History of Pallava sculptures
Sangam Period’s traditional Manimekalai, features the beginning of the first Pallava King from a connection between the daughter of Naga king of Manipallava, named Pilli Valai with a Chola king Killivalavan. One more description states that "Pallava" was born from the union of the Brahmin Ashvatthama with a Naga Princess also supposedly supported in the sixth verse of the Bahur plates. The Pallavas themselves claimed to move down from Brahma and Ashvatthama. Although to the Manimekalai posits, Ilam Tiriyan as a Chola, not a Pallava, the Velurpalaiyam plates dated to 852, do not bring up the Cholas.
Various Pallava Sculptures
The Pallavas initiated the skill of excavating temples from the rock. In fact, the Dravidian style of temple architecture began with the Pallava rule. It was a regular development starting from the cave temples to monumental rathas and concluded in structural temples. The growth of temple architecture under the Pallavas can be seen in 4 stages. Mahendravarman I introduced the rock-cut temples. This style of Pallava temples are seen at places like Mandagappattu, Mahendravadi, Mamandur, Dalavanur, Tiruchirappalli, Vallam, Siyamangalam and Tirukalukkunram pallava art. The second stage of Pallava architecture is represented by the monolithic rathas and Mandapas found at Mamallapuram. Narasimhavarman I took the recognition for these magnificent architectural monuments. The five rathas, generally called as the Panchapanadava rathas signifies five diverse styles of temple architecture. The mandapas enclose stunning sculptures on its walls.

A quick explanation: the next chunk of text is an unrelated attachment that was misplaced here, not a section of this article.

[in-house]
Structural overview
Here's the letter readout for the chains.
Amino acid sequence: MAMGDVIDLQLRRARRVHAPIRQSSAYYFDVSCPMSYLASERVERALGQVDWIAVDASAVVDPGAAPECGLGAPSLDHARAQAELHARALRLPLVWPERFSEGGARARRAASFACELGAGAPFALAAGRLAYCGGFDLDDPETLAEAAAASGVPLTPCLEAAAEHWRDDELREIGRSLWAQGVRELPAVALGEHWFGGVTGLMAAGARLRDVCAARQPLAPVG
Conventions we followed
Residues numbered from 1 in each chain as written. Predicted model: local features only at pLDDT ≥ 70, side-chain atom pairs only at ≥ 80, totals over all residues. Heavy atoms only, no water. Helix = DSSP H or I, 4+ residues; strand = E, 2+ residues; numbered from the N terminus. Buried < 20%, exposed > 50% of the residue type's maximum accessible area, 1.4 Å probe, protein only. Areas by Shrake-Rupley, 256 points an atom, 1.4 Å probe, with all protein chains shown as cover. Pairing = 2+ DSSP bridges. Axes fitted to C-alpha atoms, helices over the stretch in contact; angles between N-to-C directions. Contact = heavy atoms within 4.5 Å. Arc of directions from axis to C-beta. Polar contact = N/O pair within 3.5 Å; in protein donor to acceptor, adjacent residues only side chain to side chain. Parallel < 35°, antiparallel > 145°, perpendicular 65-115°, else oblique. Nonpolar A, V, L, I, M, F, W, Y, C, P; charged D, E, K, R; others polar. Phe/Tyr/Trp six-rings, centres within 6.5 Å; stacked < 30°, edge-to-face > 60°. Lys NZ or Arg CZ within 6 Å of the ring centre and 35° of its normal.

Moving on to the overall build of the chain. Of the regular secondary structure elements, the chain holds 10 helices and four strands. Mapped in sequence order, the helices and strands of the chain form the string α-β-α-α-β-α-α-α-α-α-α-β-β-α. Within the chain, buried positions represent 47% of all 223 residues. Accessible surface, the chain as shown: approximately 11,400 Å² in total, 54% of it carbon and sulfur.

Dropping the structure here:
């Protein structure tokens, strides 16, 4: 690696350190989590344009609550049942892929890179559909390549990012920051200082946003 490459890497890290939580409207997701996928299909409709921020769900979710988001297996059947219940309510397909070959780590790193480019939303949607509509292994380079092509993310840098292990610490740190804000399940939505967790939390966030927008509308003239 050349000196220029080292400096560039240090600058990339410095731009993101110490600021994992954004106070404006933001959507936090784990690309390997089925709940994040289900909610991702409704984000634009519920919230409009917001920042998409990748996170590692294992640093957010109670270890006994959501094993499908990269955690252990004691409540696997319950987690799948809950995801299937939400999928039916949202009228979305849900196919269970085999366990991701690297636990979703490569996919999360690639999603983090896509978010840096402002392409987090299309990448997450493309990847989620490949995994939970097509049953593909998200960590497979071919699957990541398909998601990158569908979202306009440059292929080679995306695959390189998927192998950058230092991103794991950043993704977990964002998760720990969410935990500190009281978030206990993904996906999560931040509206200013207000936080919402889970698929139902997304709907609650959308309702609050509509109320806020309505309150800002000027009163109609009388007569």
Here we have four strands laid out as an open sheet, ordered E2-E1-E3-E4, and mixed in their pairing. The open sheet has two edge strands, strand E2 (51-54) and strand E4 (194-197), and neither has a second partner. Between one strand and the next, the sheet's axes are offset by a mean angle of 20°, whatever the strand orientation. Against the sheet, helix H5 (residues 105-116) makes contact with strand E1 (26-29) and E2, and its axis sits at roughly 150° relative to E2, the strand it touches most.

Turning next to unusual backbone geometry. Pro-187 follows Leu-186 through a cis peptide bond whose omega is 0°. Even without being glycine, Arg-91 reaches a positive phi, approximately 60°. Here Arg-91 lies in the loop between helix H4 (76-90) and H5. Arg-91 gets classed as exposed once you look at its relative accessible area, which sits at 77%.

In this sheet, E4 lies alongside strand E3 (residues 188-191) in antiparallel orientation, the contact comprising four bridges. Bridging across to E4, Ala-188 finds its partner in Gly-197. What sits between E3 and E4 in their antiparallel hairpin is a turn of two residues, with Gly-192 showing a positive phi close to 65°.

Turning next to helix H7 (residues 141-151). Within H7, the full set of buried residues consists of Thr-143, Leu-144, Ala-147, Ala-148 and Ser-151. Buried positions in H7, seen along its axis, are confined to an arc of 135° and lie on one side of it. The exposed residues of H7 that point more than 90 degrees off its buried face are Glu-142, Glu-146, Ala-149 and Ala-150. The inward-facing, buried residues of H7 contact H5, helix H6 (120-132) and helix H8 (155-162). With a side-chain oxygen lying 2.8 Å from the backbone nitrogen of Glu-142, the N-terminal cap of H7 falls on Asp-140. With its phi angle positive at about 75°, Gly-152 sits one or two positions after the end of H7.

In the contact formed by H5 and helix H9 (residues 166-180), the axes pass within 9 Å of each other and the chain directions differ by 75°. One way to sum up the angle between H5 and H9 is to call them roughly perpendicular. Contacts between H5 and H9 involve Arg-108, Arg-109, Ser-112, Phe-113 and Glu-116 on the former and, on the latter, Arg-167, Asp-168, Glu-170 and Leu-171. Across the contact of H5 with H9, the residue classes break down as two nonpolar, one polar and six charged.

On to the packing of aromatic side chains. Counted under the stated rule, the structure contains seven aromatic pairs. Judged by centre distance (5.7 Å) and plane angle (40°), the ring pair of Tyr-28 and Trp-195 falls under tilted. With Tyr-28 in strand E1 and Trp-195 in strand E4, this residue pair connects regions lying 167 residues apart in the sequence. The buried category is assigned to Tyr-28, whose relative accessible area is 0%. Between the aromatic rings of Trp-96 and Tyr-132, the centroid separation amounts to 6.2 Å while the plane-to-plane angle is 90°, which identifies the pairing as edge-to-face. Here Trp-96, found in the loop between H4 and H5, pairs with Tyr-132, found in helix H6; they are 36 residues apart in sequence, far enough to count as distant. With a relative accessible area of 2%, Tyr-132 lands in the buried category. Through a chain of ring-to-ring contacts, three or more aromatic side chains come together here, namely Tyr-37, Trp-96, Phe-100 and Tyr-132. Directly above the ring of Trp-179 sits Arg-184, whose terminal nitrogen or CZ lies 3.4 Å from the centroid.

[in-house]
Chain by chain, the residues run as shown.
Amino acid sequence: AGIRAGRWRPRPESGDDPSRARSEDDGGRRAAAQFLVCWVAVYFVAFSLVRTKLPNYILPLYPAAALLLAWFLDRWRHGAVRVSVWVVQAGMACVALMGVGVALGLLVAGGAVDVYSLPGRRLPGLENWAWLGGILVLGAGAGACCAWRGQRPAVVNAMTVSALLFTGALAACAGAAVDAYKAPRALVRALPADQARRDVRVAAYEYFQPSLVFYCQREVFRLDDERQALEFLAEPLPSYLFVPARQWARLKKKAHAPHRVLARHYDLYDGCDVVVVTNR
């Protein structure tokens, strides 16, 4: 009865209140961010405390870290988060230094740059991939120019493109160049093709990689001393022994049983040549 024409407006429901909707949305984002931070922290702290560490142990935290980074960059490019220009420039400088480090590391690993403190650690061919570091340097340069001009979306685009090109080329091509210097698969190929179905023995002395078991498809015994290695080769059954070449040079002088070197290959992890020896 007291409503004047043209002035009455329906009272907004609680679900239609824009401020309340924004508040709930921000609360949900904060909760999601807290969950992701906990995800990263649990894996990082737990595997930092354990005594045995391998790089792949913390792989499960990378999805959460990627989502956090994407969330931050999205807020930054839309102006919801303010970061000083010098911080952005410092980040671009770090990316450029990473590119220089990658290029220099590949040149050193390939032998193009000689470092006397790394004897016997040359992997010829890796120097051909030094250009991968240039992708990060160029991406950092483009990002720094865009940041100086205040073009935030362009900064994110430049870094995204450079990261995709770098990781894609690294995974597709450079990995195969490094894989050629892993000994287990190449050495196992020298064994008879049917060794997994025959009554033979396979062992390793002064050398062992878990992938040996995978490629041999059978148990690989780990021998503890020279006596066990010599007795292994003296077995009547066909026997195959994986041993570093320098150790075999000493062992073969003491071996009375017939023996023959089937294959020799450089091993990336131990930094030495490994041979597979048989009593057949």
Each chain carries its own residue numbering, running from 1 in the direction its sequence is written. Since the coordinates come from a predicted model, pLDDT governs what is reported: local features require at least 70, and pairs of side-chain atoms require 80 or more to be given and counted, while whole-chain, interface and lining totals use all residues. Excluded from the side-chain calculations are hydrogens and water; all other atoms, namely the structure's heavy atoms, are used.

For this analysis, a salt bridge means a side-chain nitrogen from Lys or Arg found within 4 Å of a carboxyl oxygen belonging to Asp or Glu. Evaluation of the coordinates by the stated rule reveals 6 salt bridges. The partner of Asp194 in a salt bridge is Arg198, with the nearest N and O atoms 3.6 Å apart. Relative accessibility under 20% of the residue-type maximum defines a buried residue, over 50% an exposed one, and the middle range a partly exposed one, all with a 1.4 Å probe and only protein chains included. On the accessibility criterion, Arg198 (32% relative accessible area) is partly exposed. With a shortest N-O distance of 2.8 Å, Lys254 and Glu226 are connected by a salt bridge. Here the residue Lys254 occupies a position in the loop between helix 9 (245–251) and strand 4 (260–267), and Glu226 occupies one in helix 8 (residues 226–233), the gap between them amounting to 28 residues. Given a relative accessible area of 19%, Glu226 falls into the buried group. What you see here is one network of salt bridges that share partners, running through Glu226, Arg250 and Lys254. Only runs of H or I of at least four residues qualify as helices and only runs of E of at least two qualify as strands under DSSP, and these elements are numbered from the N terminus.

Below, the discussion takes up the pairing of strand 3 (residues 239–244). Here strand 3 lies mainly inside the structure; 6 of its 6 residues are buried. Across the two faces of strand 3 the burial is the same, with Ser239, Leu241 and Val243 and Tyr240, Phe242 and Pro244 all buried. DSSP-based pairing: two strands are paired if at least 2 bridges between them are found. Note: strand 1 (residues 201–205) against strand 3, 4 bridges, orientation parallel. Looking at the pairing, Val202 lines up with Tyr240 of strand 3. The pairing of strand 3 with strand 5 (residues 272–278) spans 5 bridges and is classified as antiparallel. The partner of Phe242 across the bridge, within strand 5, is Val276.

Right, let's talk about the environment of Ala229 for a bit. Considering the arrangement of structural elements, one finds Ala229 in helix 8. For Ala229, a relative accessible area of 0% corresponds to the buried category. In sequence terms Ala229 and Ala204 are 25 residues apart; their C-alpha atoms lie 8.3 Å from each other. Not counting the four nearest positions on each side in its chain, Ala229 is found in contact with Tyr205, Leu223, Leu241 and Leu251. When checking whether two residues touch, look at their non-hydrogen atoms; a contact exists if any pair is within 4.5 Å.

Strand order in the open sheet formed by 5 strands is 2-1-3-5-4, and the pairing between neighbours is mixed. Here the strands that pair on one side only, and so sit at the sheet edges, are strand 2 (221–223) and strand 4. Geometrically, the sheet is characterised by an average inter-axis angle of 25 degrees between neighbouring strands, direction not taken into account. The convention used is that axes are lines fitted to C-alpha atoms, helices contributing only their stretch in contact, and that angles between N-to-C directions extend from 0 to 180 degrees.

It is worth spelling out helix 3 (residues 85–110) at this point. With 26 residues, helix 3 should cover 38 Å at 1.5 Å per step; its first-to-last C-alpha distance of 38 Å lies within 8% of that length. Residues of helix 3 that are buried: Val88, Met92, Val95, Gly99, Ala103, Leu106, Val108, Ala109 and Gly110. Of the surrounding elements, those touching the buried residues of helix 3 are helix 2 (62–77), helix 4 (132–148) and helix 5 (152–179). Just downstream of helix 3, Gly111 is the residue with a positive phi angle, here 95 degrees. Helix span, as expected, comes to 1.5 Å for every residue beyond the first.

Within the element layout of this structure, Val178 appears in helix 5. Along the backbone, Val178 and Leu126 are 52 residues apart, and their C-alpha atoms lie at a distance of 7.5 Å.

The last stage of the Pallava art is also represented by structural temples built by the later Pallavas. The Vaikundaperumal temple, Muktheeswara temple and Matagenswara temples at Kanchipuram belong to this stage of structural design. The Pallavas were involved in the evolution from rock-cut architecture to stone temples. The earliest examples of Pallava constructions are rock-cut temples dating from 610 to 690 and structural temples between 690 to 900. A number of rock-cut cave temples bear the message of the Pallava king, Mahendravarman I and his descendants. The Kailasanatha temple in Kanchipuram and the Shore Temple built by Narasimhavarman II, rock cut temple in Mahendravadi by Mahendravarman are fine examples of the Pallava style temples.